• Failed to provide written disclosures and meet authorization requirements for contracts as required by law: Harris Jewelry failed to include written disclosures in its retail installment contracts as required by the Truth in Lending Act and Military Lending Act, and meet authorization requirements as required by the Electronic Fund Transfer Act. Its internet and print ads also failed to include the required Truth in Lending disclosure. The company also failed to provide written notice as required by the FTC’s Holder Rule in its contracts, and failed to make oral disclosures at the time of sale as required by the Military Lending Act.

Enforcement Action

In addition to requiring the company to come into compliance with the Military Lending Act, Truth in Lending Act, Electronic Fund Transfer Act, and Holder Rule, the proposed order requires Harris Jewelry to:

  • Stop collection of millions in debt;
  • Refund approximately $10.9 million for purchased protection plans;
  • Provide refunds for overpayments;
  • Contact consumer reporting agencies and request deletion of negative credit entries and counterorder outstanding judgments against consumers;
  • Stop misrepresentations and baseless claims;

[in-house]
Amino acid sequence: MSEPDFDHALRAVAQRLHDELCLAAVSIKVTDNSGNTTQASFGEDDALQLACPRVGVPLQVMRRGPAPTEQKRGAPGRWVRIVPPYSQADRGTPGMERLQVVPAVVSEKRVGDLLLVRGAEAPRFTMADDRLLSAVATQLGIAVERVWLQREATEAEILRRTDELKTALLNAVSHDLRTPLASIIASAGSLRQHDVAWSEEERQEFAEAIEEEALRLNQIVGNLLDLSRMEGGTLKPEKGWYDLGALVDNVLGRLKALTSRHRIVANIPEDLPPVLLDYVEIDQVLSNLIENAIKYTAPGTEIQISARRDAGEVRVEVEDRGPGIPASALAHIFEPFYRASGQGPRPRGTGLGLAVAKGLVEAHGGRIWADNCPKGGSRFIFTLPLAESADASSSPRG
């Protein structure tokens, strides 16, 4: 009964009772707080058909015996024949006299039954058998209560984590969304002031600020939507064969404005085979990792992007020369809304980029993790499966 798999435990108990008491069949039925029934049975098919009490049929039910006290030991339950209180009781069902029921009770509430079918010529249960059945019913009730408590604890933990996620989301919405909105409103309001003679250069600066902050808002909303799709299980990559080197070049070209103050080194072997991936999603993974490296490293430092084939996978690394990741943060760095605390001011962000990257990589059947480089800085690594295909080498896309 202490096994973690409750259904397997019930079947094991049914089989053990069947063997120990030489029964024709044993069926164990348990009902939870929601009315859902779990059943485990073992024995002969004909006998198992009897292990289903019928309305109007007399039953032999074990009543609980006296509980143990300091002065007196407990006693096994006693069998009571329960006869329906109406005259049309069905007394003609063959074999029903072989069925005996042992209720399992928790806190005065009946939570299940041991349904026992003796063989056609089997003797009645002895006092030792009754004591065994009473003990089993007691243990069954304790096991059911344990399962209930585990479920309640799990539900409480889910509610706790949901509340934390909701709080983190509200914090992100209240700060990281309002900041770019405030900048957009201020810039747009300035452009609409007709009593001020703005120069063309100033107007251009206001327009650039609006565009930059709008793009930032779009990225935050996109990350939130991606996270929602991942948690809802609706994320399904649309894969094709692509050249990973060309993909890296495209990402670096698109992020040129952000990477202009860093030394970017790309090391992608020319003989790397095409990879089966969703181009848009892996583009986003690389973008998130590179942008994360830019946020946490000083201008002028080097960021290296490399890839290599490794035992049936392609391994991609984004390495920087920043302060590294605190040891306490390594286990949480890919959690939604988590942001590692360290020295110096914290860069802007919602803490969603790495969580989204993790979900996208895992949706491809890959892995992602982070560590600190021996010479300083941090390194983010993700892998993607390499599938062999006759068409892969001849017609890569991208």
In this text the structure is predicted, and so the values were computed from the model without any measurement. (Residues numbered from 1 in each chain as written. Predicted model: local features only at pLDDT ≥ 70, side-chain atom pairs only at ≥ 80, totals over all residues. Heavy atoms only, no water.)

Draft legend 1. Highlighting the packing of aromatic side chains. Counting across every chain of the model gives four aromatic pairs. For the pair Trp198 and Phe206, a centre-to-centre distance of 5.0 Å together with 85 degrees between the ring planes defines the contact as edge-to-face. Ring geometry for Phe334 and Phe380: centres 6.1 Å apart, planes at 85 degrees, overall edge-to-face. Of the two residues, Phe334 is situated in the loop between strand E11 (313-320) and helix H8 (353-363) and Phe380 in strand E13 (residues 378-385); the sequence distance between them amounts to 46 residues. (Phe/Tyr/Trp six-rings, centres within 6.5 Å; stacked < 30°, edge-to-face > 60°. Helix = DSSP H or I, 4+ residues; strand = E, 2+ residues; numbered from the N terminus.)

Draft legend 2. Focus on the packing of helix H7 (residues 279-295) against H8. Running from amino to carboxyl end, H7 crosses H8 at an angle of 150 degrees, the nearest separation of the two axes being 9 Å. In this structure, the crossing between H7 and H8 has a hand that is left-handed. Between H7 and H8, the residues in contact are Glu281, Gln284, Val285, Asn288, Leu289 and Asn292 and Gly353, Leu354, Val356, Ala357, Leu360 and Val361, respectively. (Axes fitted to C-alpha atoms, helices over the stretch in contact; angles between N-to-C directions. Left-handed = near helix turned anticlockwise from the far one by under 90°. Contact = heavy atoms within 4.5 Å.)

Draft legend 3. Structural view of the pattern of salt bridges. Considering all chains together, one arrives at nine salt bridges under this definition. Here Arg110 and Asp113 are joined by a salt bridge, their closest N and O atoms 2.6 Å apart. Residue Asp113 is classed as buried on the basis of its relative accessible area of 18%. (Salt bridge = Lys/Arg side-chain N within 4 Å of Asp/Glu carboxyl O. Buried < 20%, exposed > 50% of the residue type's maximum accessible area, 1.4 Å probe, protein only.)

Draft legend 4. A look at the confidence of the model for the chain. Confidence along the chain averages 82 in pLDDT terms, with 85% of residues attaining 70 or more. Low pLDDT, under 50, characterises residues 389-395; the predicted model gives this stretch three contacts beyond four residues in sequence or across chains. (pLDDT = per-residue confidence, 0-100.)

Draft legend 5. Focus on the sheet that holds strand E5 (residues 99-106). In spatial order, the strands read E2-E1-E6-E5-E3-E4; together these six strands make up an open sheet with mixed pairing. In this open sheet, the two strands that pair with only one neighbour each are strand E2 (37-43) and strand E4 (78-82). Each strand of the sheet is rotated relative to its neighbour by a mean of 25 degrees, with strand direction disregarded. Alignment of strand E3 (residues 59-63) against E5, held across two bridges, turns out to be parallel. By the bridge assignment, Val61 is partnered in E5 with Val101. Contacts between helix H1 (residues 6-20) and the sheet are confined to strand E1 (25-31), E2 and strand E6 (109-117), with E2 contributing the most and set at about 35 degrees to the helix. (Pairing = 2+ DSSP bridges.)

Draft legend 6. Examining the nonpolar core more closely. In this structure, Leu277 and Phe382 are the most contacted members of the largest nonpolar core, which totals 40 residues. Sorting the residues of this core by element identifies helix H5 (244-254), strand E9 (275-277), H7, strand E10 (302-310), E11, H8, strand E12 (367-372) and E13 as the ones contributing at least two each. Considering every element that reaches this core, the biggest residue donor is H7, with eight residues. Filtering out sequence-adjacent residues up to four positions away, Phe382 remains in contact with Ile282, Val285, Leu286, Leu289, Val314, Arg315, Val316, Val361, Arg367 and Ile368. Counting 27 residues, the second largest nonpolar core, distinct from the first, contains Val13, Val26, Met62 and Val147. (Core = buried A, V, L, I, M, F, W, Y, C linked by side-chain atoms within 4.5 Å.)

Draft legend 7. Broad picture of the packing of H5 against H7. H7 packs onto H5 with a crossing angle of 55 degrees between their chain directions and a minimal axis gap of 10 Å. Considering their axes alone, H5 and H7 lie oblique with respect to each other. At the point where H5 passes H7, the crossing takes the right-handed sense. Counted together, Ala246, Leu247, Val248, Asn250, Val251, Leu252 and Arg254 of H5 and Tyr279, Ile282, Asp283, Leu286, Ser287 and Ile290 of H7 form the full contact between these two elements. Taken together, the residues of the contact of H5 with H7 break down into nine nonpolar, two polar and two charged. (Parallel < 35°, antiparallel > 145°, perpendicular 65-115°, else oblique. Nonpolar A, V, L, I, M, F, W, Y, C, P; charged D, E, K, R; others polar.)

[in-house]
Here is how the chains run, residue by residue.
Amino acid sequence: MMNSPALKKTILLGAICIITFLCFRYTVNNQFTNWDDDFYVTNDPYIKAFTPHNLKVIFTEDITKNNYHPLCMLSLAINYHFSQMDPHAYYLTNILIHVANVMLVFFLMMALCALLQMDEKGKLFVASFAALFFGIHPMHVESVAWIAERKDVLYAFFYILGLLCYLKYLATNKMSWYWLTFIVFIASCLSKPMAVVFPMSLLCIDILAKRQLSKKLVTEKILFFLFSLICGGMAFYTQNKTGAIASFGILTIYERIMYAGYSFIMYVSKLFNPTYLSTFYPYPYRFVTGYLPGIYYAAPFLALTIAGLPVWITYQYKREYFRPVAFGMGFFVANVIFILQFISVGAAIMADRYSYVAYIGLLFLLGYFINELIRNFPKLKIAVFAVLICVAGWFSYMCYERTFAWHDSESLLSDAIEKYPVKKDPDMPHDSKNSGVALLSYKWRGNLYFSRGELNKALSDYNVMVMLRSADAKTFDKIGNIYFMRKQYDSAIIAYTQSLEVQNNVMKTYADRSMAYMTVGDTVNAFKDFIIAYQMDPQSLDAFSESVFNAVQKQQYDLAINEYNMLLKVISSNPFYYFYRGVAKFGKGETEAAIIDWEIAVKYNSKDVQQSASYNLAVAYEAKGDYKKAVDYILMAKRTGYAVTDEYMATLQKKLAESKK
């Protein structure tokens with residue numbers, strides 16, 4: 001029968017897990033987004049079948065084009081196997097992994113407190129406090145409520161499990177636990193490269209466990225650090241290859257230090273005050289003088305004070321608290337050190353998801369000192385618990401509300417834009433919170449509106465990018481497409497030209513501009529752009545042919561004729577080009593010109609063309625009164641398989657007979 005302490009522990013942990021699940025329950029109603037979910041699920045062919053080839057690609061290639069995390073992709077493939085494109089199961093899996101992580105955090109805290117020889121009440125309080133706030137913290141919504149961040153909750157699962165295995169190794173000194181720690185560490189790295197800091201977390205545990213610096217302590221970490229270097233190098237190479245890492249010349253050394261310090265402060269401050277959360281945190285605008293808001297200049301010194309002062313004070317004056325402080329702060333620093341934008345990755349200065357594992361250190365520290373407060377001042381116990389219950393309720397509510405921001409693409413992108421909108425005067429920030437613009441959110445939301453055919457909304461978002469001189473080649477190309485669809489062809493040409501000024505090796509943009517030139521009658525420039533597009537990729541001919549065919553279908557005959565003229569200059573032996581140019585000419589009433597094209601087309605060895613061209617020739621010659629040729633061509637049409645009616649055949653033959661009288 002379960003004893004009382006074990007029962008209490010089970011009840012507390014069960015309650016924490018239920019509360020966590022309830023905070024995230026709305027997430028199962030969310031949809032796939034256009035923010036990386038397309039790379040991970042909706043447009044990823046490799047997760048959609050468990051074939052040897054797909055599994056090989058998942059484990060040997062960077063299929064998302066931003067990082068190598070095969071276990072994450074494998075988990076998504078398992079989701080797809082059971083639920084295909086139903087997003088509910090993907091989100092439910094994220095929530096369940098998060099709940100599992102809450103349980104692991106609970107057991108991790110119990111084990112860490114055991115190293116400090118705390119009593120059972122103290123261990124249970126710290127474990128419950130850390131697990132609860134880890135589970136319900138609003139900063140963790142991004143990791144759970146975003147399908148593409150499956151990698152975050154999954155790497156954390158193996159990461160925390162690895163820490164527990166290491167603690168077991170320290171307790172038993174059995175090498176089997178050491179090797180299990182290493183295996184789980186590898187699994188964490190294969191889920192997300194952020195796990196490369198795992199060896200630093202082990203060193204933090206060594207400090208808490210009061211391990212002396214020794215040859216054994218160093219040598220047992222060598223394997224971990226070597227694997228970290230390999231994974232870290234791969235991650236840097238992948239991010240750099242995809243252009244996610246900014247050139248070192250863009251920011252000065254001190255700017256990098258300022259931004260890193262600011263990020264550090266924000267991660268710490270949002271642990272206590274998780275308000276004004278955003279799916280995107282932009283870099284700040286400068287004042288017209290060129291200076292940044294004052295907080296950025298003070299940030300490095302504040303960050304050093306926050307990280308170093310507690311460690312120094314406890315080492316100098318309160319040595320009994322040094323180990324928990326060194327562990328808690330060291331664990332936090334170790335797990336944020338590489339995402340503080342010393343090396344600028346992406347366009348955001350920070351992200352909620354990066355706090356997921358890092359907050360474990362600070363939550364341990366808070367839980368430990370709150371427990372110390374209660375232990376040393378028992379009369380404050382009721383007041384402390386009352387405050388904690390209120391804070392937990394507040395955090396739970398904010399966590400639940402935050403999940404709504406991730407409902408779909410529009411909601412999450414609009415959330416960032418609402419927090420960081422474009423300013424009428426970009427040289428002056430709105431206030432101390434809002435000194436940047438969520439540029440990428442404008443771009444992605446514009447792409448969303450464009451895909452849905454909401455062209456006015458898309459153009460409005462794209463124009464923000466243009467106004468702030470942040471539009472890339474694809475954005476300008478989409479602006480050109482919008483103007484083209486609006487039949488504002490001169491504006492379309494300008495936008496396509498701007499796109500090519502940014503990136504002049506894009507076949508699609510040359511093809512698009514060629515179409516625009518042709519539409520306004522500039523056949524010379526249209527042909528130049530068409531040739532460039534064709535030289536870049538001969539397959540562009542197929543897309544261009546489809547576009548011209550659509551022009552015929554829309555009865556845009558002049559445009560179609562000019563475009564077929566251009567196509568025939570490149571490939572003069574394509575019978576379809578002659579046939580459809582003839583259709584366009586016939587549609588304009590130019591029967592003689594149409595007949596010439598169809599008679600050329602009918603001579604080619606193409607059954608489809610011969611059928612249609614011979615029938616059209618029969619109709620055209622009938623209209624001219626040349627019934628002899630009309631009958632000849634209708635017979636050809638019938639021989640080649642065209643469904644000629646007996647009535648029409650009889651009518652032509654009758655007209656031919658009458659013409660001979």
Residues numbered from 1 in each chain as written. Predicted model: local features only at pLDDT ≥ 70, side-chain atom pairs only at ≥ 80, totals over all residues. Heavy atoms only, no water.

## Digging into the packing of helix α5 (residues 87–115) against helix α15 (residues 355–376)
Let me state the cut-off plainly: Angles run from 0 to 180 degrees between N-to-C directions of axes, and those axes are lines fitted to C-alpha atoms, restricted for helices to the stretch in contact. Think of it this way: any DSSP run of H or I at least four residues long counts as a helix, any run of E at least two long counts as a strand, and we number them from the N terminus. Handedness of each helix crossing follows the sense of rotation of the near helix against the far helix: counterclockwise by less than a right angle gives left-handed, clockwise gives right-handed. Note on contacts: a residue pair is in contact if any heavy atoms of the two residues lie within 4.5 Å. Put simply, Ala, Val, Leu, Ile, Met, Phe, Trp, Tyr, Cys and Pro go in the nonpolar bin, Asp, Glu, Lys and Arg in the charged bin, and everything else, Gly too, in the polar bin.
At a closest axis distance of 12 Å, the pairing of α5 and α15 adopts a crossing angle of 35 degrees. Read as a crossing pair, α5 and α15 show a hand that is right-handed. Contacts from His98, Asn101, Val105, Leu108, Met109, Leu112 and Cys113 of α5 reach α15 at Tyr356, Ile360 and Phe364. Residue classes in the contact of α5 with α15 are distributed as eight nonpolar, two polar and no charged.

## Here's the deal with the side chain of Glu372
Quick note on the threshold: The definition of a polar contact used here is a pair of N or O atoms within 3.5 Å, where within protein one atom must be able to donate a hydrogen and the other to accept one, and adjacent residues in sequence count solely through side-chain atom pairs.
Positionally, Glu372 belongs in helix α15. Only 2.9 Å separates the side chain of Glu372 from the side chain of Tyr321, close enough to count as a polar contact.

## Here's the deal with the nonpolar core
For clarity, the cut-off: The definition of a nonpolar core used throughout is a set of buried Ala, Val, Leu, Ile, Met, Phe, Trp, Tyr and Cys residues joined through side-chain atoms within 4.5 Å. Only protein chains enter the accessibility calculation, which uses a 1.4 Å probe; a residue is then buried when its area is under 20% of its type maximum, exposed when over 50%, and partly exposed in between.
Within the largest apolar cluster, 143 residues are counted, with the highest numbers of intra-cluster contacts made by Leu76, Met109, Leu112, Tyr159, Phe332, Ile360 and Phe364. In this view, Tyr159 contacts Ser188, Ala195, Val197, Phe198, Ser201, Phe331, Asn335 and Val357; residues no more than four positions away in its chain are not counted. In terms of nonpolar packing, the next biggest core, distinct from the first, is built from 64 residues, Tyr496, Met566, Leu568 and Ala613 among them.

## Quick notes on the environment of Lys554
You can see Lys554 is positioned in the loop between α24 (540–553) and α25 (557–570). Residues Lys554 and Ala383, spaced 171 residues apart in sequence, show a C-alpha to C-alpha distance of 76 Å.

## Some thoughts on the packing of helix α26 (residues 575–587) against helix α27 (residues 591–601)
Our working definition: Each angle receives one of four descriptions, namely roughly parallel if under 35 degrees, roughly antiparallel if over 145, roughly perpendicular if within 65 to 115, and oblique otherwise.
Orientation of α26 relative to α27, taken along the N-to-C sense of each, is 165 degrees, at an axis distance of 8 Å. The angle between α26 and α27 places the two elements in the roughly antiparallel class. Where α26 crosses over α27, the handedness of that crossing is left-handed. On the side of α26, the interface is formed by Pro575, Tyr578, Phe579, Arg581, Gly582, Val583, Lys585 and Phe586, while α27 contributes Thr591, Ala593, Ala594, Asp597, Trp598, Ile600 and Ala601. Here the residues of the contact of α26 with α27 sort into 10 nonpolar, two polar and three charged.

• Stop marketing, offering for sale or financing, and selling or financing ancillary products;
  • Stop selling, assigning, or transferring retail installment contracts or other consumer debt to other persons; and
  • Complete its shutdown of operations, and dissolve following state law, once the order requirements are met.

Under the order, Harris Jewelry will contact consumers entitled to refunds for the protection plans, and must also post a notice on its website about the availability of refunds. Consumers who have specific questions about obtaining redress may contact the New York State Attorney General’s Office at (315) 523-6080.  

The FTC and states are grateful for the Department of Defense’s coordination and support on this matter.  

The Commission vote approving the stipulated final order was 5-0. The FTC filed the proposed order in the U.S. District Court for the Eastern District of New York.

NOTE: Stipulated final orders have the force of law when approved and signed by the District Court judge.



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FTC and 18 States Sue to Stop Harris Jewelry from Cheating Military Families with Illegal Financing and Sales Tactics